“If you want a chat, go outside,” said this rectal parasite, a weeping pustule on Jimmy Savile’s putrefying dick; a line rehearsed in many fantasy confrontations, balls out in front of the mirror; apparently unaware that talking about MOVIES before the film starts is normal. One might even say it shows interest. It’s not an affront to even the most supercilious gadfly.
It’s chat DURING the film that’s obnoxious, inconsiderate and counterproductive. I often talk about movies before movies. Why, 3 hours before Mindhorn I was discussing Alien: Covenant. 18 hours earlier I mentioned the cinema to my brother in a phone conversation. 6 months before my intellectually wanting walking spoiler lost self-control and self-respect, I was sitting in a pub chewing on celluloid, and 21 years prior I was on a beach in Plymouth, openly pondering whether to see The Craft before dinner.
Of course, thanks to the correction received from the self-appointed prefect of Row C; C apparently standing for cunt; I bitterly regret those incidents now. Screen 1 of the Cineworld West India Quay, the last outpost of 19th century decorum, belonged to him, consent be damned, and contrary to common sense or fact, he had every right to police it, to bend it to his will, so he might better hear a trailer freely available on the internet.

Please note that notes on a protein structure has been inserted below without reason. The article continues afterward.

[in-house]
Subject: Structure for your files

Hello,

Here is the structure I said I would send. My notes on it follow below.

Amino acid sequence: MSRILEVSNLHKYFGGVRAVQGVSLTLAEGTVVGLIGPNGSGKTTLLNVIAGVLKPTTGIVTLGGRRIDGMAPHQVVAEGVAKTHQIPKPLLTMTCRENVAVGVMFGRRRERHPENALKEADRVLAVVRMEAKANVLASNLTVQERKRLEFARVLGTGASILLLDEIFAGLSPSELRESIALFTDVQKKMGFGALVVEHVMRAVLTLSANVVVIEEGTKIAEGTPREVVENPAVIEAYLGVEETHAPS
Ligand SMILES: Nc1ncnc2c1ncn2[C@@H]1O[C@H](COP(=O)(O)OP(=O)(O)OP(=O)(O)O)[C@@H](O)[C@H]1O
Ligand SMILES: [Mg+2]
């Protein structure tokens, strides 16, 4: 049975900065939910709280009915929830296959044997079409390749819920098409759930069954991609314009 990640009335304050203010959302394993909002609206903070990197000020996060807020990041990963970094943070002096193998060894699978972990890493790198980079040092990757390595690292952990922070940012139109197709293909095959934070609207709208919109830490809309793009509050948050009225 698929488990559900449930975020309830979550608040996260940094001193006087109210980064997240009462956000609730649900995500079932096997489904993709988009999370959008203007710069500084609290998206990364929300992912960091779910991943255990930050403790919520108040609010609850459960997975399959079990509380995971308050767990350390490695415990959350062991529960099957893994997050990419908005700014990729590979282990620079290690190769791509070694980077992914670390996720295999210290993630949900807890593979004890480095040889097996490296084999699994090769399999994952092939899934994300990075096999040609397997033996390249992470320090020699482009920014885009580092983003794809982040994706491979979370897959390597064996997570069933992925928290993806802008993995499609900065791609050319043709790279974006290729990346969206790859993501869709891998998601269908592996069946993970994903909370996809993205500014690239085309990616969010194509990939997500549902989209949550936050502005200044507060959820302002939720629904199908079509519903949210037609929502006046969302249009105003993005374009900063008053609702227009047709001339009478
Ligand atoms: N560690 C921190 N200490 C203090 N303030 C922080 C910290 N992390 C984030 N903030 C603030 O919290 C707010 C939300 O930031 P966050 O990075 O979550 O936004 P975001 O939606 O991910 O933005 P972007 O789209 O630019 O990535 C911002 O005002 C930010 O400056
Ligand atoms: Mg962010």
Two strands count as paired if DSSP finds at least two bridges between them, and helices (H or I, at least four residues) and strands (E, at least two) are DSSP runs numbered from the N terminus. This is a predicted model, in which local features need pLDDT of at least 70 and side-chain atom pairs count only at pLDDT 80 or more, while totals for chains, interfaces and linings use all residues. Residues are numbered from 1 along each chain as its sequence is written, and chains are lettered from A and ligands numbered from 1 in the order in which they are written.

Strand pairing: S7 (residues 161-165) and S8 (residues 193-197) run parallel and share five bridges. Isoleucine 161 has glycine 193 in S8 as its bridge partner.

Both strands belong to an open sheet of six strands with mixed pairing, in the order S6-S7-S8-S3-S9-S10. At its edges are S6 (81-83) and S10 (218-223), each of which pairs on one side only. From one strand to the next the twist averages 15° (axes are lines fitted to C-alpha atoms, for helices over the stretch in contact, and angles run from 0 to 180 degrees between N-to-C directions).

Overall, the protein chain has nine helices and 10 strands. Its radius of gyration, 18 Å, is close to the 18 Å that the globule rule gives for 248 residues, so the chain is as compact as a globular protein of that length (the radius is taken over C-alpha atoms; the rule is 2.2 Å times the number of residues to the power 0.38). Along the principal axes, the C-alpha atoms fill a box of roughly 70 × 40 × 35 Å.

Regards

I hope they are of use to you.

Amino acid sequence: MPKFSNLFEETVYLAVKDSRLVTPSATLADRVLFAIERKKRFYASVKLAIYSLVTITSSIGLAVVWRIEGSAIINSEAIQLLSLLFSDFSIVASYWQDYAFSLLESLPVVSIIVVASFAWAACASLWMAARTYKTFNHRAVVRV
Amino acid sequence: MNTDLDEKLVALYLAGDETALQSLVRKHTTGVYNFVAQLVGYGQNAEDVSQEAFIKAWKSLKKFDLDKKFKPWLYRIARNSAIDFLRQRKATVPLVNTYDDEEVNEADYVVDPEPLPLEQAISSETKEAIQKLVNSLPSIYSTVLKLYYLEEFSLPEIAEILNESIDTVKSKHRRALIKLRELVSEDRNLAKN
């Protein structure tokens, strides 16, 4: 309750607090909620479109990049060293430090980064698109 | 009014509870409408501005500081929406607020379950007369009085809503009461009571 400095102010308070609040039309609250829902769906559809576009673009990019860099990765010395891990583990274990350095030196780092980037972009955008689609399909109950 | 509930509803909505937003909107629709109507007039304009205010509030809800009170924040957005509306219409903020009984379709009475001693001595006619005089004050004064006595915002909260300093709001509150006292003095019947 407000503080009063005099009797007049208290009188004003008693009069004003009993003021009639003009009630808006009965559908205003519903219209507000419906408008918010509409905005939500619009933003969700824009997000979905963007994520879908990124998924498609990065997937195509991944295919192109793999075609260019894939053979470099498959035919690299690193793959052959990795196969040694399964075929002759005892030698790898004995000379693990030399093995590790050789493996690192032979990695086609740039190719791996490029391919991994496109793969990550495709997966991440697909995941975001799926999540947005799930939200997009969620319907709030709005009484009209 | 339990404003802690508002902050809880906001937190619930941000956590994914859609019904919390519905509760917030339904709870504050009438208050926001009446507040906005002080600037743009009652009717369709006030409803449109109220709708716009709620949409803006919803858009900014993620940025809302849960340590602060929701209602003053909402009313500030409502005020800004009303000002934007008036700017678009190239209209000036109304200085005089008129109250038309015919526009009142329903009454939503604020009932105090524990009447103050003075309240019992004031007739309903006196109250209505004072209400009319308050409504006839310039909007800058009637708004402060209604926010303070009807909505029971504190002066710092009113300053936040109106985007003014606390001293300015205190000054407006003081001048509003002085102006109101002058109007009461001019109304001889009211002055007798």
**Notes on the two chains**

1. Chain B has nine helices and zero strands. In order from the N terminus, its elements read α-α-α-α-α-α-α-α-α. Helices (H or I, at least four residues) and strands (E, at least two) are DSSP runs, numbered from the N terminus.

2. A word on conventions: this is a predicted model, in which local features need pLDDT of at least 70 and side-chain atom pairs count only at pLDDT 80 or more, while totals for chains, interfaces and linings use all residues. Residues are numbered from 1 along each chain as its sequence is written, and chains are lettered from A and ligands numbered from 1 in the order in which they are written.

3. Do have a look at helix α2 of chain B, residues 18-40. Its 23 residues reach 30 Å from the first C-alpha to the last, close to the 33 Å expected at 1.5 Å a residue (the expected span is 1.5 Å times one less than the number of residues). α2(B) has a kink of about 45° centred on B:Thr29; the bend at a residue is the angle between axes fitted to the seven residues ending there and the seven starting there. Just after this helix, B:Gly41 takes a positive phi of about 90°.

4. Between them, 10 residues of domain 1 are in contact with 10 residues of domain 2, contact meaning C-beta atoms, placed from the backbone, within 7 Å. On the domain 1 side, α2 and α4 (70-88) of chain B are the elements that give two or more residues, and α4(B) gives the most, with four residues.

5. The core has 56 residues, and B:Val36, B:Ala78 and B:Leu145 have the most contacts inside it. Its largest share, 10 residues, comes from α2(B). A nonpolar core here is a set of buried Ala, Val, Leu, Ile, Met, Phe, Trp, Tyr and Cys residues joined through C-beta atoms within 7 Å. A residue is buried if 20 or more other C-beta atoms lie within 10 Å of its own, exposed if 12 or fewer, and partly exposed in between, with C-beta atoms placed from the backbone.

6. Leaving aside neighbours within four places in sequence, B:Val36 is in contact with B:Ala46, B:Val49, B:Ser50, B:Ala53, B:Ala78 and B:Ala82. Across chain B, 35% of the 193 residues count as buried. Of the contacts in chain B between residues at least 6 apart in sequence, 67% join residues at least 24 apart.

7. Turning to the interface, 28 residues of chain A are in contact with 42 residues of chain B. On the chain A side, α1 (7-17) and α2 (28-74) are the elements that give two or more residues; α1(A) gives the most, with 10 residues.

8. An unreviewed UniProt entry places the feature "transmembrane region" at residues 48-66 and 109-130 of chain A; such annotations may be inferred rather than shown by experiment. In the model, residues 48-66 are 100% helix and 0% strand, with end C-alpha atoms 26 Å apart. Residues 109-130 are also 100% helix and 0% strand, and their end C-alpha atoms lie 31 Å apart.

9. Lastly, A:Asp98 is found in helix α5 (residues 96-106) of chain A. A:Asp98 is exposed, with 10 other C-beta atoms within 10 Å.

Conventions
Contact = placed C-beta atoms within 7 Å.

Of course, this human waste product; this conceited, ignorant, vain non-entity, who’d die unloved and was secretly despised by the last of his childhood friends, will have worried that the film conversation behind him would continue when Julian Barratt’s opus began. He couldn’t know that he was sat in front of a cinema Nazi, who hated all forms of distraction DURING the film, including the maddening shuffling and whispering to girlfriend the flaccid coprophile indulged in throughout a demanding 89-minute running time. But what normal people did, i.e. waiting until the film began to see if the lapse in etiquette was real or simply a product of their imagination (like their importance), was no business of his. You don’t go to the cinema to face reality.
His feminoid, his cowardly enabler, faced forward while he made a pompous fool of himself, nursing private doubts about her preening phalloid’s personality that would, in years to come, accrue and deepen, leading to the inevitable conclusion that she’d made a terrible mistake (while hypocritically remaining silent while the gorilla beat his chest on so many awful, embarrassing occasions). Her shame total, she would go on to spend the film gently placating his ego with hands held and a head to the shoulder, while reflecting that his forthcoming trip to Japan would be the perfect time to make the break and her friends could probably have all her stuff out of their flat in 72 hours.
So Mindhorn was barely a movie. Not strong or witty enough to cut through anger born of injustice. Not original enough to penetrate the odious machinations of a narcissistic donkey with permanent and fatal character flaws. Still, always good to see Tamara Drewe’s Jessica Barden working.
Were you the imbecile in seat C14? Well, here’s hoping you get ball cancer. See you at the movies.